RIO 2016

Fitter, faster, hungrier

sainanehs Can she beat the best?: Seeded fifth, Saina is in the top half of the draw, alongside world number one Carolina Marin, Olympic champion Li Xuerui and Sung Ji Hyun of South Korea.

Saina Nehwal is leaving no stone unturned in her quest for her second Olympic medal

Oh my God! That is your first reaction when you see her. Saina Nehwal looks lean, mean and hungry nowadays. The world number five is undergoing intensive training at the Prakash Padukone Badminton Academy in Bengaluru, under the watchful eyes of her coach Vimal Kumar. This has been her base for almost two years now. The second wind, as many people have been calling Saina’s resurgence, has emanated from here.

Since the beginning of her career, Saina’s base had been Hyderabad. She had trained under veteran coach S.M. Arif and then under Pullela Gopichand, chief national coach and former All England Open champion. It was under Gopichand’s strict training at his academy in Gachibowli that she became India’s shuttle queen.

In 2014, however, Saina made headlines with her decision to part ways with Gopichand and train under Vimal Kumar in Bengaluru. She was, perhaps, looking for a change in environment and routine to bring a renewed vigour to her game. And it worked.

The past 12 months have been turbulent for Saina. The high of becoming world number one was followed by the low of being in such gruelling pain that even moving on court became unbearable. Last September, it was found that Saina had an Achilles tendon injury. As the injury worsened, she missed a few big events. In the events she took part in, she ended up making early exits and losing the crucial points she was aiming to defend. In April this year, she dropped to her lowest rank in the past five years—world number eight.

The pain became so excruciating that she almost threw in the towel, and it seemed that her Rio dream was all but over. “The injury affected her momentum. We didn’t realise the seriousness of it… [until] after the China Open [last November],” Vimal Kumar told THE WEEK. “Then the rehab process started.”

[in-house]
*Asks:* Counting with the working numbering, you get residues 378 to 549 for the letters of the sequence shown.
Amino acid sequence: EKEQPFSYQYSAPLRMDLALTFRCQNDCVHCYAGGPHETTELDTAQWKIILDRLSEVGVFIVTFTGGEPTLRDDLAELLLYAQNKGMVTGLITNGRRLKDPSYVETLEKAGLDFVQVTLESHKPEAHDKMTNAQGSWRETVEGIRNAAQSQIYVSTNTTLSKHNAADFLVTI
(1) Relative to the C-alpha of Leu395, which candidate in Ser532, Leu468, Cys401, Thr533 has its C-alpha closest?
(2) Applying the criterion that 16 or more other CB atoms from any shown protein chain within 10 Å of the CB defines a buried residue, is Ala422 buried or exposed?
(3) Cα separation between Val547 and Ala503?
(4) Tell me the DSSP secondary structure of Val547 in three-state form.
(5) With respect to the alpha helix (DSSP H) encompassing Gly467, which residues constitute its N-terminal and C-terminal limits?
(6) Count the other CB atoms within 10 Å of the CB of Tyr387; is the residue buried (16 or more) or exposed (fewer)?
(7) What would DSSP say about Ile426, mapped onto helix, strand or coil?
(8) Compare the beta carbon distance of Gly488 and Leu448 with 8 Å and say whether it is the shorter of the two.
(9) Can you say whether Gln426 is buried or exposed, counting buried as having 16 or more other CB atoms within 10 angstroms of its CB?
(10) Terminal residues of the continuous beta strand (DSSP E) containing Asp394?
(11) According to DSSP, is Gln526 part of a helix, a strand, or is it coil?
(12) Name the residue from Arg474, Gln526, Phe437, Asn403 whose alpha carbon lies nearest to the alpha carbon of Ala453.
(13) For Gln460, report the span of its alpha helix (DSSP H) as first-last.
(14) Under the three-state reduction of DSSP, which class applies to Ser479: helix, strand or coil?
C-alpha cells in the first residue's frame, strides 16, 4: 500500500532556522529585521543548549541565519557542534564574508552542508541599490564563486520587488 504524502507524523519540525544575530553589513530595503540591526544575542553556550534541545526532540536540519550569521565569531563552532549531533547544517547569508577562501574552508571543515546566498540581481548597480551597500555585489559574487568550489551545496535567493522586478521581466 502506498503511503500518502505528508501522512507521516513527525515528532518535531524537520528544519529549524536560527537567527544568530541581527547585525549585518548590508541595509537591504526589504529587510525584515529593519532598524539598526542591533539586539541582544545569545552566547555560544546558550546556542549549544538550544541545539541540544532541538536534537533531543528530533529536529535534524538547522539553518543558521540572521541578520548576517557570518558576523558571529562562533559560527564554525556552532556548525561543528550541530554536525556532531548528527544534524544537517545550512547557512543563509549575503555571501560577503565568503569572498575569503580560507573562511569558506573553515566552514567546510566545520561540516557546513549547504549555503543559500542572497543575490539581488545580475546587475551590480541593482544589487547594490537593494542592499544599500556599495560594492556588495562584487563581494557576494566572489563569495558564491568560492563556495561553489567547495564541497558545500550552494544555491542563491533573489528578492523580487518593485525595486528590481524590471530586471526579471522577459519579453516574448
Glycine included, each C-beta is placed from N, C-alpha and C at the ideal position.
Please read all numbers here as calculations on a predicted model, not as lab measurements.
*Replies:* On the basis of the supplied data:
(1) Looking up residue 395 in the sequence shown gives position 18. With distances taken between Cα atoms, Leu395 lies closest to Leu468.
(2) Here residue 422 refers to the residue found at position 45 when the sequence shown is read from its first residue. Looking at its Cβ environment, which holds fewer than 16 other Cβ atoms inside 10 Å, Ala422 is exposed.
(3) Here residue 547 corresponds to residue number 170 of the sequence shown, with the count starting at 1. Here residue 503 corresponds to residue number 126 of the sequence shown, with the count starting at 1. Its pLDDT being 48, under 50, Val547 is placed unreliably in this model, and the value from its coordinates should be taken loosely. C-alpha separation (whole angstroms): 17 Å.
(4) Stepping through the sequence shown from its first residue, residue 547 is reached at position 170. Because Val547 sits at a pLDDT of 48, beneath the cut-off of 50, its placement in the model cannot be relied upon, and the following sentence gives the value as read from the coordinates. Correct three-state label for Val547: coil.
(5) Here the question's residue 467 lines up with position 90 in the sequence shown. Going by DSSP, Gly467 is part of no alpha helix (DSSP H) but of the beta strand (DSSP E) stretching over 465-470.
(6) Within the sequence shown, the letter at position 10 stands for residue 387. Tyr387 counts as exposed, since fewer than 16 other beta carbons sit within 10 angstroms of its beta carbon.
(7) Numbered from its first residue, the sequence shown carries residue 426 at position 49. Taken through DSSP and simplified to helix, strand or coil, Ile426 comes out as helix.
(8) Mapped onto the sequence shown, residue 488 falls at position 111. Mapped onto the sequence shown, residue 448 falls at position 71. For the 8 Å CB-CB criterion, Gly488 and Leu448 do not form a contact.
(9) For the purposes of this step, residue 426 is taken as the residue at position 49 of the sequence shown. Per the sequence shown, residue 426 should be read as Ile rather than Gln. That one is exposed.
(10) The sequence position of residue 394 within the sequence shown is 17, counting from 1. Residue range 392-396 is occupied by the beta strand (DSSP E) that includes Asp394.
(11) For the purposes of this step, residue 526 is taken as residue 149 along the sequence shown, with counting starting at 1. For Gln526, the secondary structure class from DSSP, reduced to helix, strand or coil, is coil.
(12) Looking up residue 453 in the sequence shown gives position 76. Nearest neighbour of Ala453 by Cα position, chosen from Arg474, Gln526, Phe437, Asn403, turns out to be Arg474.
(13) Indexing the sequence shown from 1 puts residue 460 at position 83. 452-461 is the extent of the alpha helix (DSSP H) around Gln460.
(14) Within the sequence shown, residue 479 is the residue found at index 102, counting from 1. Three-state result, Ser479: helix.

Kumar roped in strength conditioning coach Deckline Leitao to work on the rehab. “It [the injury] is above the heel, back of the foot between calf and heel,” said Leitao. “It is the worst injury to have for a badminton player. Saina couldn’t move around, couldn’t hop.”

Leitao was brutally honest: He told Saina that the rehab had no shortcuts and would require a lot of hard work. “I told her right at the beginning that the only solution was to make the muscle powerful. The aim was to take her to the next level. We started strengthening exercises. She is very gritty, and grit in most Indian athletes’ cases helps them pull through pain and lack of power or energy.”


If there is one quality in Saina that you cannot doubt, it is her grit. Every day, she spent four to five hours in the gym, working on healing and strengthening muscles. And it started yielding results. “From February onward, she began bouncing back,” said Kumar. “Initially, she couldn’t defend her points and her ranking dropped. The good thing was that she was losing in semifinals—so it wasn’t as if she were losing badly. Finally, she hit her stride by beating top contenders in the Australian Open.”

June 2016 was a defining month for Saina. Though she lost the quarterfinal of the Indonesian Open, she won the Australian Open Super Series. The new Saina looked fitter and faster, and she played an attacking game to beat world number four Ratchanok Intanon and world number two Wang Yihan. The Australian Open was her first title of 2016, and it ended a 15-month title drought. “During Indonesian Open and Australian Open, Saina moved beautifully on court,” said Leitao. “She looked lighter, and didn’t feel dead after a match. She warms up better, and doesn’t need much recovery time.”

Kumar is happy that he got seven weeks after Australian Open to work with Saina, planning and preparing for Rio. “When you are pain-free, you enjoy yourself out there,” he said. “She has put in a lot of good work in the seven weeks, working on the tactical aspects. I am quite happy.”

Saina is seeded fifth in Rio. She finds herself in the top half of the draw, alongside world number one Carolina Marin of Spain, Olympic champion Li Xuerui of China and Sung Ji Hyun of South Korea.“Saina is okay with the seedings and the draw,” said Kumar. “If you have to win a medal, you have to beat the best.”